480 kilograms of marijuana seized on Laos border

Police have seized 480 kilograms of, what they say is, “high-grade” marijuana in northeastern Thailand in a routine roadside search. The search was conducted near the border in Nakhon Phanom province. Police say the smugglers were looking for alternate routes now that the roads and traditional border crossings from Myanmar and Laos had been closed.

25 year old Likit Boonprasit was detained by border police after they found 12 fertiliser sacks containing the marijuana that was divided into 480 1 kilogram bricks of compressed marijuana. Likit says he was paid 30,000 baht to deliver the ganja to Bangkok but says he wasnt sure of the exact location as he was being directed by phone as he made his way to the capital.

Likit says the marijuana was smuggled across the Mekong river in long-tail boats from Laos, an operation path that is clearly popular with international smugglers. Just last month, police seized 556,000 methamphetamine pills and 138 kilograms of compressed marijuana in the same district, where, again, a pickup was stopped on the road near the Mekong river. Similar to the most recent bust, the marijuana and meth pills were in fertiliser sacks.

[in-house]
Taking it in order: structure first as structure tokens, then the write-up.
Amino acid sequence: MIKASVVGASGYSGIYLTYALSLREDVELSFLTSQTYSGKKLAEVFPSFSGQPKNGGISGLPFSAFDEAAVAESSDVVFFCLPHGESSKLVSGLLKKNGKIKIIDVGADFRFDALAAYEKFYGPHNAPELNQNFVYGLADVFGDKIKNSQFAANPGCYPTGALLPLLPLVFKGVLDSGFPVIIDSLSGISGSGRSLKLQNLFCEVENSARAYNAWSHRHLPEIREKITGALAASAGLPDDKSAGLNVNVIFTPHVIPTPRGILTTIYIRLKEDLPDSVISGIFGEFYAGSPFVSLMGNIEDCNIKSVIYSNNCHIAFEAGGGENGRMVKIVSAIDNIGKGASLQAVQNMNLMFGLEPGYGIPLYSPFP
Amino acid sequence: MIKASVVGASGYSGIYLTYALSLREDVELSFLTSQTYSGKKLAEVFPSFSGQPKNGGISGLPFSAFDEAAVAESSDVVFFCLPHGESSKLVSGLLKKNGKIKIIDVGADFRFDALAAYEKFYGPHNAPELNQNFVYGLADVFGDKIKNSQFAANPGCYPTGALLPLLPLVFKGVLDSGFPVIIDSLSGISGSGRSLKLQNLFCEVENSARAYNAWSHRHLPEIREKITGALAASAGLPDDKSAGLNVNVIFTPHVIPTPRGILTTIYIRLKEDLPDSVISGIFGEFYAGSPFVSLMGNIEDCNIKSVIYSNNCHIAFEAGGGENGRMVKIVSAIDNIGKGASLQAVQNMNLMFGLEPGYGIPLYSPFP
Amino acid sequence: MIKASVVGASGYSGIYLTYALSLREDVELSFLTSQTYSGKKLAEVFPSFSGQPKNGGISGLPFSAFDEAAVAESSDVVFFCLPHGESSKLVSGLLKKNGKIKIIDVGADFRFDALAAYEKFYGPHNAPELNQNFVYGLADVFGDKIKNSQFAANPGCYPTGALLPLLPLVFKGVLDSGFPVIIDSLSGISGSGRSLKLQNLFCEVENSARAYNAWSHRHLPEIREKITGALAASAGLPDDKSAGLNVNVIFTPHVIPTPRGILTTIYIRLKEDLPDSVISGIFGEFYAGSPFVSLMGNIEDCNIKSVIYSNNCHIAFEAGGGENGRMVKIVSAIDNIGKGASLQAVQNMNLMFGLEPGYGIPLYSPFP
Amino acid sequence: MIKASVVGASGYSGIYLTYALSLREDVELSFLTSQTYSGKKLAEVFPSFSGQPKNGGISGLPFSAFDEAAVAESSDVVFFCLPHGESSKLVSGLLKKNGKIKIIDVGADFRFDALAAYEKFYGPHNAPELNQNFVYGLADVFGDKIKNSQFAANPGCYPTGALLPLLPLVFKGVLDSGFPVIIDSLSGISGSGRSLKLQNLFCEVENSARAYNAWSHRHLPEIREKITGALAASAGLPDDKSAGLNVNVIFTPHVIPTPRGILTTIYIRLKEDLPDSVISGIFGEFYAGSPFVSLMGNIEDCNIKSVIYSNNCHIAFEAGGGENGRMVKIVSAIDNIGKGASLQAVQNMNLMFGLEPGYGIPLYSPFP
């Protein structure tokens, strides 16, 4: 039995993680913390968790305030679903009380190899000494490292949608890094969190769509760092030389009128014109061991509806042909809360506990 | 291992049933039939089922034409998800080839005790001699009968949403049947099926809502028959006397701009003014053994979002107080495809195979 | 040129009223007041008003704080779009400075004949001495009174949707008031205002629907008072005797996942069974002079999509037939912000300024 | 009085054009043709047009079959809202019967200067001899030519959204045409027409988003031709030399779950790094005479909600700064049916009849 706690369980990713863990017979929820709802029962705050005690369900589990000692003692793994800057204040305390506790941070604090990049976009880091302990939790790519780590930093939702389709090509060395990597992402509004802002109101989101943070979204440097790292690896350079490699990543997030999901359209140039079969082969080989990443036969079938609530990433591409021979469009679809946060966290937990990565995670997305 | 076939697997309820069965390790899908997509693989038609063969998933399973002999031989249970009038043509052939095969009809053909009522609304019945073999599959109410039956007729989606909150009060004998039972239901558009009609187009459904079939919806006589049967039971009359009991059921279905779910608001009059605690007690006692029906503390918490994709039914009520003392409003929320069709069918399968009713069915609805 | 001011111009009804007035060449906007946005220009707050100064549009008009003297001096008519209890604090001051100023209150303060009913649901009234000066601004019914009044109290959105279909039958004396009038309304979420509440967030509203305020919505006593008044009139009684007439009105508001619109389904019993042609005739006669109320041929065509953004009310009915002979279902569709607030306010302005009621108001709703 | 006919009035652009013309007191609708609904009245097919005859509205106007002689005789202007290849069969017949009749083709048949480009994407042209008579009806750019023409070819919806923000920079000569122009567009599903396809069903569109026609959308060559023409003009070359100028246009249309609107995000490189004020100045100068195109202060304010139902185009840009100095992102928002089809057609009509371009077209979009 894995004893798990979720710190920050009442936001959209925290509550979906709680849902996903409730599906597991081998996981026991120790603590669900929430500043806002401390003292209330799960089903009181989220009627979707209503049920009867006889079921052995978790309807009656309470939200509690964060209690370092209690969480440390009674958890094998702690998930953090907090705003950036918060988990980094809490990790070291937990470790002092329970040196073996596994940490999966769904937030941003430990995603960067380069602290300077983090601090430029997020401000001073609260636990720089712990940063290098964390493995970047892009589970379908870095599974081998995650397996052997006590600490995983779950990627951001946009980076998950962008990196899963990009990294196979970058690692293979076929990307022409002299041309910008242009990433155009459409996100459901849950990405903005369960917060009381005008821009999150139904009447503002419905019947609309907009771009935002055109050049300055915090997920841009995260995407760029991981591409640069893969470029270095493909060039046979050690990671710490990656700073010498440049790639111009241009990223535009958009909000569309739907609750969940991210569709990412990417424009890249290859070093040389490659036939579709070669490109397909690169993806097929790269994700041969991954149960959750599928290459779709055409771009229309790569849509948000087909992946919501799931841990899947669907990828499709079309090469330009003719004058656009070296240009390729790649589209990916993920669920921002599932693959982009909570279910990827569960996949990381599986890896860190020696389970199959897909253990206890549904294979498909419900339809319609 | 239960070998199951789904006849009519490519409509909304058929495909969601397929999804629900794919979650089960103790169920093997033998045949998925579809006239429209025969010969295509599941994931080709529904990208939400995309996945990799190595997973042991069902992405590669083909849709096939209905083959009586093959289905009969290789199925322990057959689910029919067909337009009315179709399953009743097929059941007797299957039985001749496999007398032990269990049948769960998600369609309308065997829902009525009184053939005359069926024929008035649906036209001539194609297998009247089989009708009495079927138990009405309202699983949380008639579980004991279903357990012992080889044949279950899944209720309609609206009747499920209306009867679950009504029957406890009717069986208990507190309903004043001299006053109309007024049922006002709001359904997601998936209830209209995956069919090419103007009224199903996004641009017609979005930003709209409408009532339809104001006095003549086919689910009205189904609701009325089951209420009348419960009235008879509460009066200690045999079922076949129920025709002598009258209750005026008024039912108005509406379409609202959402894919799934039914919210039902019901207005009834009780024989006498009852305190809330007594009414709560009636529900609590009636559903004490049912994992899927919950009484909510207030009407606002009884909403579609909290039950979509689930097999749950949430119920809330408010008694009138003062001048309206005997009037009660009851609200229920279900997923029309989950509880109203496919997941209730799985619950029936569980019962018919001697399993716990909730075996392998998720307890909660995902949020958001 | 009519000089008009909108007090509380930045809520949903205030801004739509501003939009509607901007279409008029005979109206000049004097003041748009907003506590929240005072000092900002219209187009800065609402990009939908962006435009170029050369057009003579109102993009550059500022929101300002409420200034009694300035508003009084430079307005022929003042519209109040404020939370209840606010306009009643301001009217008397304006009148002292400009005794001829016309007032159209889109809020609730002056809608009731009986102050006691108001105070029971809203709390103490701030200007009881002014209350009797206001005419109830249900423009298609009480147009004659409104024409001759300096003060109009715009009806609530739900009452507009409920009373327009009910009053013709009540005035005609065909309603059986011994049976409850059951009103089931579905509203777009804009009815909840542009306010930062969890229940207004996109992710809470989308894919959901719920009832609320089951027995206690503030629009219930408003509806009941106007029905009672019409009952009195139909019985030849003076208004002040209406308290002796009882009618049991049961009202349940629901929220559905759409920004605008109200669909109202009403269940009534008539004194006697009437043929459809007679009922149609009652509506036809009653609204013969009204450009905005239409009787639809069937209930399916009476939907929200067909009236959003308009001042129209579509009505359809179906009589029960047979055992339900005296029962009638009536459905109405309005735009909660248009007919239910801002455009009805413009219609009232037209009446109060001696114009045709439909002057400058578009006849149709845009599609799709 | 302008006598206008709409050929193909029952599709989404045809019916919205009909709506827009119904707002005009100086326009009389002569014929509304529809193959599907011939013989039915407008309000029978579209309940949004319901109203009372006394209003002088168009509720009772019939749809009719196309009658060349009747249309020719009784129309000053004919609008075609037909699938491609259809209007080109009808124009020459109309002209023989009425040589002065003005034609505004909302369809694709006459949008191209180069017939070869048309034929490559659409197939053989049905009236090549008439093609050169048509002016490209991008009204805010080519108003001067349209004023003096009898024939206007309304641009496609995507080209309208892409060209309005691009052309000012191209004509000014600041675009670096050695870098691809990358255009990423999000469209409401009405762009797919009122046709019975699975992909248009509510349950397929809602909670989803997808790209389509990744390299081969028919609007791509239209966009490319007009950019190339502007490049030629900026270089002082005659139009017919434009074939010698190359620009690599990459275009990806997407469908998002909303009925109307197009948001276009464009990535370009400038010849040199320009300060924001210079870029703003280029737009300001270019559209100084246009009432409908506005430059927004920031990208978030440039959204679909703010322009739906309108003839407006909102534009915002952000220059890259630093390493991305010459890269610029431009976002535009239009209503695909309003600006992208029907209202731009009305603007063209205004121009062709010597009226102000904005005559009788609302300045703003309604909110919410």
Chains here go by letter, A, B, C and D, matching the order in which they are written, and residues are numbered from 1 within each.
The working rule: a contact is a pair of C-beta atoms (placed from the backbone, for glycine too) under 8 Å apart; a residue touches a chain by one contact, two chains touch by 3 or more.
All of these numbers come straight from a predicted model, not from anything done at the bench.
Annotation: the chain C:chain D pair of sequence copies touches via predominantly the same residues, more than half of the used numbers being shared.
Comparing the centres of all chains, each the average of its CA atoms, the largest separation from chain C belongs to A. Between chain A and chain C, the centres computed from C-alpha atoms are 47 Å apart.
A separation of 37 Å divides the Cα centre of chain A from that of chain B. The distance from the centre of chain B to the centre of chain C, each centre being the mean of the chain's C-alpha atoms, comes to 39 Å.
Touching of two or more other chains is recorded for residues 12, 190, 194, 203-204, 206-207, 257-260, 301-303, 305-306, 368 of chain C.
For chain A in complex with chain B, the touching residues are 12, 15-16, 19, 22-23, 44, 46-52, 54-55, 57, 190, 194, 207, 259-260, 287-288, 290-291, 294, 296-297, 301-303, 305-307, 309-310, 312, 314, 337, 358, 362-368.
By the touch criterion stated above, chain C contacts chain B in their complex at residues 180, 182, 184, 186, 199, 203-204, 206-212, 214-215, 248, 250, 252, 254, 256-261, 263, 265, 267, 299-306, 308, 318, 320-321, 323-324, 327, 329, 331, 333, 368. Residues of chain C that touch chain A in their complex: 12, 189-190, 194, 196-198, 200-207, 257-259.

Police say the meth pills were on their way to Myanmar from Laos, where they were smuggled by a long-tail boat across the Mekong river. Such a detour into northeastern Thailand, police speculate, is necessary for smuggling operations as the border areas between Myanmar and northern Thailand have been sealed as part of Thailand’s wider border closures.

However, such operations that include a detour to Thailand have proven to be risky as more than 3 tonnes of marijuana have been seized in the last month alone.

Thailand legalised medical marijuana last year, with the hopes of allowing farming of the plant to boost the economy. It is the first country in SE Asia to legalise the drug and has consistently made quick adjustments to laws and jurisdiction to stay ahead of the blossoming medical marijuana business in the ASEAN.

SOURCE: Chiang Rai Times

Northern Thailand News

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